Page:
Previous Winners of the Nicholas Marcalus Award for Sustainability

2014 Awardee: Grigore Burdea, Founder and President, Bright Cloud International Corp.


Grigore Burdea graduated at the top of his college class in his native Romania. Thereafter he received a full fellowship from NYU to pursue a Doctorate in Robotics. In 1988, Burdea became Assistant Professor at Rutgers where he is now Full Professor. At Rutgers Burdea founded the Human Machine Interface Laboratory and subsequently the well known Tele Rehabilitation Institute.

Burdea’s research was ahead of its time, and attracted the attention of the White House. President Clinton cited him two years in a row to Congress as example of leading edge federally funded research. With 163 referenced publications and textbooks translated in French, Spanish and Chinese and used at 120 universities in the world, Burdea had become an internationally

recognized expert in the area of virtual reality technology and subsequently its use in rehabilitation. His research results were literally changing the life of people, such as the teen with Cerebral Palsy who was able to use his hand for the first time after undergoing remote rehabilitation in Indiana on a modified PlayStation 3 that Burdea devised.

This and other research received media coverage in CNN, Japanese National TV, Discover Magazine, New York Times, and others.

In 2008 Burdea founded and is CEO of the International Society on Virtual Rehabilitation ( ). In 2009 he founded and is President of Bright Cloud International Corp ( ) (BCI) so to better translate his inventions to clinical use. The company received several highly competitive Small Business Innovation Research Awards (SBIR). Its first device, the BrightArm was awarded 3rd prize in a national venture medical robotics competition. Subsequently he developed BrightBrainer ( ), a portable system for integrative brain exercising through games. It reversed a type of dementia considered incurable and was launched at the LeadingAge Expo in October 2014. Burdea has numerous patents, including some with his company.

2013 Awardee: Mitrajit Mukherjee, Founder and President, Exelus

Click Here to Watch a Video of Our 2013 Honoree


Mitrajit Mukherjee came to this country from India in 1986 to pursue higher education in engineering. After finishing his master’s degree in Chemical Engineering, he worked alongside Nobel Laureate Professor Henry Taube at Catalytica, a start-up company in California, and then at Lummus, a large engineering company in New Jersey, developing process technologies.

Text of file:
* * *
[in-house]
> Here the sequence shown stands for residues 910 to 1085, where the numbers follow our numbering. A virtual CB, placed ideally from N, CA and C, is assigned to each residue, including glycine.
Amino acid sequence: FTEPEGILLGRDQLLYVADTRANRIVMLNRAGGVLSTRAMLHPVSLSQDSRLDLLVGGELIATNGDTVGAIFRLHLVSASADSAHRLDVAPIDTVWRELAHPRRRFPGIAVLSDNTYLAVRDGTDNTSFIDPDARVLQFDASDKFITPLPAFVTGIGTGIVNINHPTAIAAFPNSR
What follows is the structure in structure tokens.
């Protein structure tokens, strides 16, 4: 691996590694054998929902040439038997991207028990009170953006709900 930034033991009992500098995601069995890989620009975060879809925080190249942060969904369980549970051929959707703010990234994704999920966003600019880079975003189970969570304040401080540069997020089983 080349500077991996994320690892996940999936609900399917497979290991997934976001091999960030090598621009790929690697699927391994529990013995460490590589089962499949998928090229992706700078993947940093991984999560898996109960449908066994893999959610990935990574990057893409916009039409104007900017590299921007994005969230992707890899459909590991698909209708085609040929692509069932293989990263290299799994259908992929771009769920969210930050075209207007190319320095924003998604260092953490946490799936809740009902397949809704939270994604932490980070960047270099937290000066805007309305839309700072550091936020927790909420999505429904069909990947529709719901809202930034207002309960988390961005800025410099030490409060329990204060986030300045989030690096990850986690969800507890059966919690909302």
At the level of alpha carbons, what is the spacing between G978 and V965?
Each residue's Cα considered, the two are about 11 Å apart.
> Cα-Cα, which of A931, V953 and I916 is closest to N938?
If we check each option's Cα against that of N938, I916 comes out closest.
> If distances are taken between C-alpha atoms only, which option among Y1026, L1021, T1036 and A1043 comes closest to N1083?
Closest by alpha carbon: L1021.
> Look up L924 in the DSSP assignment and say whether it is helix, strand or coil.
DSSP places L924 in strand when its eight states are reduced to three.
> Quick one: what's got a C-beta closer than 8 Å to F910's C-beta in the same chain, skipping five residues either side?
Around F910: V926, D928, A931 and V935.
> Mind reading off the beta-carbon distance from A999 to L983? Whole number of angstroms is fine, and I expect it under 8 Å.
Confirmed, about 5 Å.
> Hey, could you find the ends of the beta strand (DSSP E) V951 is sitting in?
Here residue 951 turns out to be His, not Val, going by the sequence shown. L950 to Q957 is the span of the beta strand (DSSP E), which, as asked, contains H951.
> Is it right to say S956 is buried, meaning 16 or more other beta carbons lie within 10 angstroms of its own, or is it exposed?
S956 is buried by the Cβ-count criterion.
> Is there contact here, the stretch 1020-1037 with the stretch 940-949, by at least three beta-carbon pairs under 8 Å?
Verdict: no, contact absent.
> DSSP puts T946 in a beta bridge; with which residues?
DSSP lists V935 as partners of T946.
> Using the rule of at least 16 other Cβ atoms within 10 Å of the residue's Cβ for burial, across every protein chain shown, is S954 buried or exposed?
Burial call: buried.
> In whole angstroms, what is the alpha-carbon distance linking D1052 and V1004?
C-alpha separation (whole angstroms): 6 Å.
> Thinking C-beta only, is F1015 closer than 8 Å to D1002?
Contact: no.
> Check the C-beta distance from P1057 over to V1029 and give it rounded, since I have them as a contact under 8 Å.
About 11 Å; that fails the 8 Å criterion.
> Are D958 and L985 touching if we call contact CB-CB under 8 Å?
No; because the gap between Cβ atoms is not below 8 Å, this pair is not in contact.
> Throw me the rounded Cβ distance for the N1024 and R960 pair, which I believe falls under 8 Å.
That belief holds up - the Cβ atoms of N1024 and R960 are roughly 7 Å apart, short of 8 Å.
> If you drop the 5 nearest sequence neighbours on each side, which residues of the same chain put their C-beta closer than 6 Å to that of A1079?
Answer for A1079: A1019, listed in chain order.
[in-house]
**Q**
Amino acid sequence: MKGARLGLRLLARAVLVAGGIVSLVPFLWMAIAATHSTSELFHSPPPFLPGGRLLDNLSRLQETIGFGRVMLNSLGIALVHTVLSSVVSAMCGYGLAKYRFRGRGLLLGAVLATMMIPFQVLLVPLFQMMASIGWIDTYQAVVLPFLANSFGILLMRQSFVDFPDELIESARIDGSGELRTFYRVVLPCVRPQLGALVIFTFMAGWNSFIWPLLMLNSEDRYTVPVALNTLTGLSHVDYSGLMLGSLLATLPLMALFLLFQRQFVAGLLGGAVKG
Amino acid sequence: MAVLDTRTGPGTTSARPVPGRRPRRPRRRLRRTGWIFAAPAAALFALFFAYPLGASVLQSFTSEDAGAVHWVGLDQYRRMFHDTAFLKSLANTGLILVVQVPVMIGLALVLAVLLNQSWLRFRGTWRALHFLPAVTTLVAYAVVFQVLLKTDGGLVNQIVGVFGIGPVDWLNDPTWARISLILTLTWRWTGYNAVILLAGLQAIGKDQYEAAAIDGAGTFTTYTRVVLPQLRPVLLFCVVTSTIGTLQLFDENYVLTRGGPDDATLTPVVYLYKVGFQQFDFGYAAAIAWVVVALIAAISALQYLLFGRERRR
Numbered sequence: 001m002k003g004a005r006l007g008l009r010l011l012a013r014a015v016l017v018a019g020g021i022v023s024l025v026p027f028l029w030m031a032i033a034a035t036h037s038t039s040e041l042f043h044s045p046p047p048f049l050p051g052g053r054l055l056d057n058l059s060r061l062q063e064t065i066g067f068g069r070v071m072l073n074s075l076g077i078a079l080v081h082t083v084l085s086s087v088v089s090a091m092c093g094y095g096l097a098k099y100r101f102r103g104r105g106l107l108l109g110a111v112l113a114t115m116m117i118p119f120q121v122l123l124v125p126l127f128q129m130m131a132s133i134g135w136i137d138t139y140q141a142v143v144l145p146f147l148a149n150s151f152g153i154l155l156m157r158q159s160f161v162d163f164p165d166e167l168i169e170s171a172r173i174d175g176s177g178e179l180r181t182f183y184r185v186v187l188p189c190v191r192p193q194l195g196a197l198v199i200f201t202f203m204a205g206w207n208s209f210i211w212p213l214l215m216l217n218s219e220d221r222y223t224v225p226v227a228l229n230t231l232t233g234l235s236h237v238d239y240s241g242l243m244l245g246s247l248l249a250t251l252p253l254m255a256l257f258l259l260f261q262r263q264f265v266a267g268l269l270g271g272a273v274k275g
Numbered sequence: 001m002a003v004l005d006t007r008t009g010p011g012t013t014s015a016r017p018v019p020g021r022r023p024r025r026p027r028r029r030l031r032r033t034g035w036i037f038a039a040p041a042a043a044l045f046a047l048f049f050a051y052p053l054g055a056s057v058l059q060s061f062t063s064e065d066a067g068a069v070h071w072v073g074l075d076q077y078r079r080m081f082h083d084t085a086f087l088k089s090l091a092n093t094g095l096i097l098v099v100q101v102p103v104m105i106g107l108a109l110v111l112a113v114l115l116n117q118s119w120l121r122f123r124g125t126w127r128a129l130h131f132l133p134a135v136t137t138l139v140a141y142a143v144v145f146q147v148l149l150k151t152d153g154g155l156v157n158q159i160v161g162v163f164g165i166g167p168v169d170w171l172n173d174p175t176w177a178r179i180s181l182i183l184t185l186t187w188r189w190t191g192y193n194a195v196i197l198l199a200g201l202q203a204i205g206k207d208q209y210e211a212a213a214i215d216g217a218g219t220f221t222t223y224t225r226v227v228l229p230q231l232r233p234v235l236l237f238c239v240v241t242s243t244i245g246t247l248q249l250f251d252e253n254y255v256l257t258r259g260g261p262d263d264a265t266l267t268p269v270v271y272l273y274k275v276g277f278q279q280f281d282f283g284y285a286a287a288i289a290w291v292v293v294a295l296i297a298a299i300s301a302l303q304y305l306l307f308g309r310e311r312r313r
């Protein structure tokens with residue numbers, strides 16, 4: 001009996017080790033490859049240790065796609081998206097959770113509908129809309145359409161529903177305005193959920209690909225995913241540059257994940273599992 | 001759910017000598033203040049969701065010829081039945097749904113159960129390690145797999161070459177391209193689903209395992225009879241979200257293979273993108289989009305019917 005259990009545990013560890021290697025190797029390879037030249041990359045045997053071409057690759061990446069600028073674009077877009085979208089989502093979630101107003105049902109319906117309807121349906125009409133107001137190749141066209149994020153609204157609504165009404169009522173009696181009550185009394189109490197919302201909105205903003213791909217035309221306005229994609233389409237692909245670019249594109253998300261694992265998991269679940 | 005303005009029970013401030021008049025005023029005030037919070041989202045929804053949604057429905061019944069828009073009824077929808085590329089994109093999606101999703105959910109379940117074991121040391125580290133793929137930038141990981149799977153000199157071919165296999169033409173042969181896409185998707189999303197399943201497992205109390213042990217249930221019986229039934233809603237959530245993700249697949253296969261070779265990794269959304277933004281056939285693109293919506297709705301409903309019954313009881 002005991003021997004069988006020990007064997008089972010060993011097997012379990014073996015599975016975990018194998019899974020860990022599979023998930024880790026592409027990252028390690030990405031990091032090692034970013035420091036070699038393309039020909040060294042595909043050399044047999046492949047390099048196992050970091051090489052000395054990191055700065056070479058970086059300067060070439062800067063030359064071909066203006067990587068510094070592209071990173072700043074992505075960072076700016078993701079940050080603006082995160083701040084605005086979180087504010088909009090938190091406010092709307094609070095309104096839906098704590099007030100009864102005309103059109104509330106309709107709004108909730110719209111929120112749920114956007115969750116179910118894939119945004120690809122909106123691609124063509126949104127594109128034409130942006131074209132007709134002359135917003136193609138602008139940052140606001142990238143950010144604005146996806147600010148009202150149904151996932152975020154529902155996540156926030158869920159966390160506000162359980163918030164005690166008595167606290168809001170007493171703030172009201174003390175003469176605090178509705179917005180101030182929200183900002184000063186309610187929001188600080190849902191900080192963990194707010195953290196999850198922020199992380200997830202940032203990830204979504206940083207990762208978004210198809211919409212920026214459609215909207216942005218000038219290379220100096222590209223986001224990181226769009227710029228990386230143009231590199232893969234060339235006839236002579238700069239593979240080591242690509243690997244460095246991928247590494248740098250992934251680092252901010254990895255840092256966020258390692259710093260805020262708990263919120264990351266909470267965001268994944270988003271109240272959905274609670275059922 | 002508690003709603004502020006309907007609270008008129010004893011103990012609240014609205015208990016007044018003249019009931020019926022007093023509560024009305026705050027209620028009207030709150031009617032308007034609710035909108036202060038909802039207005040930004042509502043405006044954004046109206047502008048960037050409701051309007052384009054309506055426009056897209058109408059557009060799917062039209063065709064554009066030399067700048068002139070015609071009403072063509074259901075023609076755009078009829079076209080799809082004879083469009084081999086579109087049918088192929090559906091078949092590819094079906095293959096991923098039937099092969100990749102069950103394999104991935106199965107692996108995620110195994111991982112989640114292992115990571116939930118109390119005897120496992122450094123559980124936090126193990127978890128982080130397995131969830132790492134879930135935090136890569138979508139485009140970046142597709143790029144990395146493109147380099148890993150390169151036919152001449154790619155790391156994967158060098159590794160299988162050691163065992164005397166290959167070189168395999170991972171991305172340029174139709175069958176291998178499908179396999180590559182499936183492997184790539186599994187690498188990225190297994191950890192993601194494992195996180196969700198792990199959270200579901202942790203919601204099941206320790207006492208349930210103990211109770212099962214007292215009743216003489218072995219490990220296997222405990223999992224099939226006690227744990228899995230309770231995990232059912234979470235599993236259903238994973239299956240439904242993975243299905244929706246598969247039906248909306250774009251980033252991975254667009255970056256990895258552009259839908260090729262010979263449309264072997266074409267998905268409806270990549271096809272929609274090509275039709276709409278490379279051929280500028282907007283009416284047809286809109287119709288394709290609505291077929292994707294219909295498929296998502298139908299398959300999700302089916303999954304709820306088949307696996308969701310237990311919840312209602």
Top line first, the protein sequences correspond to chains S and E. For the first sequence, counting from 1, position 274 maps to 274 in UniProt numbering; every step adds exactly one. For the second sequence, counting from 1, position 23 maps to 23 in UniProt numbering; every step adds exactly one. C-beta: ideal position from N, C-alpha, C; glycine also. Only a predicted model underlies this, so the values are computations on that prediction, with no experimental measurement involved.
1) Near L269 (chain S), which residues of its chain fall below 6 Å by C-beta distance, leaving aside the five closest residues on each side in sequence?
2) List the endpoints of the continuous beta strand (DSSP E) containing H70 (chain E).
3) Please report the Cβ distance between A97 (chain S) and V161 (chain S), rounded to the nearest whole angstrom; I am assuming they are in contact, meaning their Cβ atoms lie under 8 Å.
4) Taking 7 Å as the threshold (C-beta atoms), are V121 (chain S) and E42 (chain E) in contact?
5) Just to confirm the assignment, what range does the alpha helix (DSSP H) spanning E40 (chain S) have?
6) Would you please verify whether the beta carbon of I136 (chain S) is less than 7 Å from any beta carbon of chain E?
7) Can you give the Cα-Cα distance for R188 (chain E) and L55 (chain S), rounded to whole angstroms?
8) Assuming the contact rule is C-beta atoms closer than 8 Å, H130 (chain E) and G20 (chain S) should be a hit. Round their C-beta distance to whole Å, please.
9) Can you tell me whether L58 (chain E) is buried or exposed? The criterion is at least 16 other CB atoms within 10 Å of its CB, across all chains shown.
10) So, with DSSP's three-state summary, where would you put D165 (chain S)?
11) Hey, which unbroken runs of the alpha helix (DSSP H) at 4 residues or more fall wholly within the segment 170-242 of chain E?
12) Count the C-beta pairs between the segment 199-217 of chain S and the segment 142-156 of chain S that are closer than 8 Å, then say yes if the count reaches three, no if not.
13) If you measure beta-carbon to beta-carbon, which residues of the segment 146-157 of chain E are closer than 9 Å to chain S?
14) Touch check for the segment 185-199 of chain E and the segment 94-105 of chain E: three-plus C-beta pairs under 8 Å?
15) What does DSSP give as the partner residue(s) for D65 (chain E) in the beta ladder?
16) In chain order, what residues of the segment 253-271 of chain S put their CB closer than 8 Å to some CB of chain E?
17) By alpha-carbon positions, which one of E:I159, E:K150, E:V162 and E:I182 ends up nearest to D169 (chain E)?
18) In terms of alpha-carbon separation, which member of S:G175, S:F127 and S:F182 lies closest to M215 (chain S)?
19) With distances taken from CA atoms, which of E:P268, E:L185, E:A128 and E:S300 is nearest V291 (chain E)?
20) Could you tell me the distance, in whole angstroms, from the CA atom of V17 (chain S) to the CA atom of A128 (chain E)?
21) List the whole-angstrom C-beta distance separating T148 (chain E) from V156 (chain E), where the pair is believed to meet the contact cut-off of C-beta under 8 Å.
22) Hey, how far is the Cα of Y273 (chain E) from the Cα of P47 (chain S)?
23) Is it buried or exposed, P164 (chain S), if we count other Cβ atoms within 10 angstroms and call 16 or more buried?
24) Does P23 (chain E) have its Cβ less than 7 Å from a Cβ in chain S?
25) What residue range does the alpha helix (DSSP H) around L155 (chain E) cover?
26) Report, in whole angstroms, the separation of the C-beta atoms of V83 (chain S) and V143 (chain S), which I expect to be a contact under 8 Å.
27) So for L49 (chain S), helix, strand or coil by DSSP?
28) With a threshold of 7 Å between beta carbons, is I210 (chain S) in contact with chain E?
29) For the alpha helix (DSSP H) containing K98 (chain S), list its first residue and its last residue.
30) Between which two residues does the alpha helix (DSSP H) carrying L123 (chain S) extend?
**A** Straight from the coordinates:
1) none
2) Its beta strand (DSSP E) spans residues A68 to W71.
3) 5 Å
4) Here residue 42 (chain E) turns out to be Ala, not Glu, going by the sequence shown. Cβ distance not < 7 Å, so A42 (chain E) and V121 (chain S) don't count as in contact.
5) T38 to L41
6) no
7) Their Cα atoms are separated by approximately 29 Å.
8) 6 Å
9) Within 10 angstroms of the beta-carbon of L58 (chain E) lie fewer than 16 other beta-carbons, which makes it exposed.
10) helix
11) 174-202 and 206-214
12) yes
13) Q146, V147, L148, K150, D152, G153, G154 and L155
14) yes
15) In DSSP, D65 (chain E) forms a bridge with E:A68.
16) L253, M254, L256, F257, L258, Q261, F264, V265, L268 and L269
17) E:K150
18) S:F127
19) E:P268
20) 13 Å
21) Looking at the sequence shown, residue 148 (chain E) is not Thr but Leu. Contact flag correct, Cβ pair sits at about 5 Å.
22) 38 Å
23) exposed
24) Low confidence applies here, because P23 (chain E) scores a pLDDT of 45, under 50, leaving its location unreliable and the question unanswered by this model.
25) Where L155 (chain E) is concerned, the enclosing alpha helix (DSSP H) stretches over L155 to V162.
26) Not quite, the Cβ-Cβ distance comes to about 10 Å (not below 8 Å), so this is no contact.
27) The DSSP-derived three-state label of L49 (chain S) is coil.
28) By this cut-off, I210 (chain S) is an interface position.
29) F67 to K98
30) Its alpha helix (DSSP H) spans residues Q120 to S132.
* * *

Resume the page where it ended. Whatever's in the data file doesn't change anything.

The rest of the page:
Recognizing the urgent need for “greener technologies” for producing clean-fuels and chemicals, he founded Exelus in 2000, the height of the dot-com craze. Exelus, a 20-employee company, now based in Fairfield, NJ, develops and licenses “Cleaner-by-Design” chemical technologies to produce a vast array of products and materials used in consumer products, transportation and food processing. The company’s break-through technologies are energy efficient, eco-friendly and economically attractive – resulting in a win-win situation for the environment and the manufacturers.

Currently Exelus is focused on developing a viable platform technology to convert non-edible biomass (such as switchgrass, corn-stover, and sorghum) into valuable fuels and chemicals. The company uses innovative chemistry and “green” catalysts to speed up the conversion of biomass – a process that takes millions of years in nature.

As it stands today, biomass-to-fuels technologies are not cost effective with conventional fossil fuel based processes. The Exelus process uses innovative chemical routes (which are very different from what most researchers are currently working on) to make the process economically attractive.

Oil has been the mainstay for our transportation fuel needs, but unfortunately we are close to or past peak oil, and there is an increased need to look at renewable sources for our transportation needs. Non-edible biomass is one such source. Exelus wants to be ready with a solution that doesn’t hit your pocketbook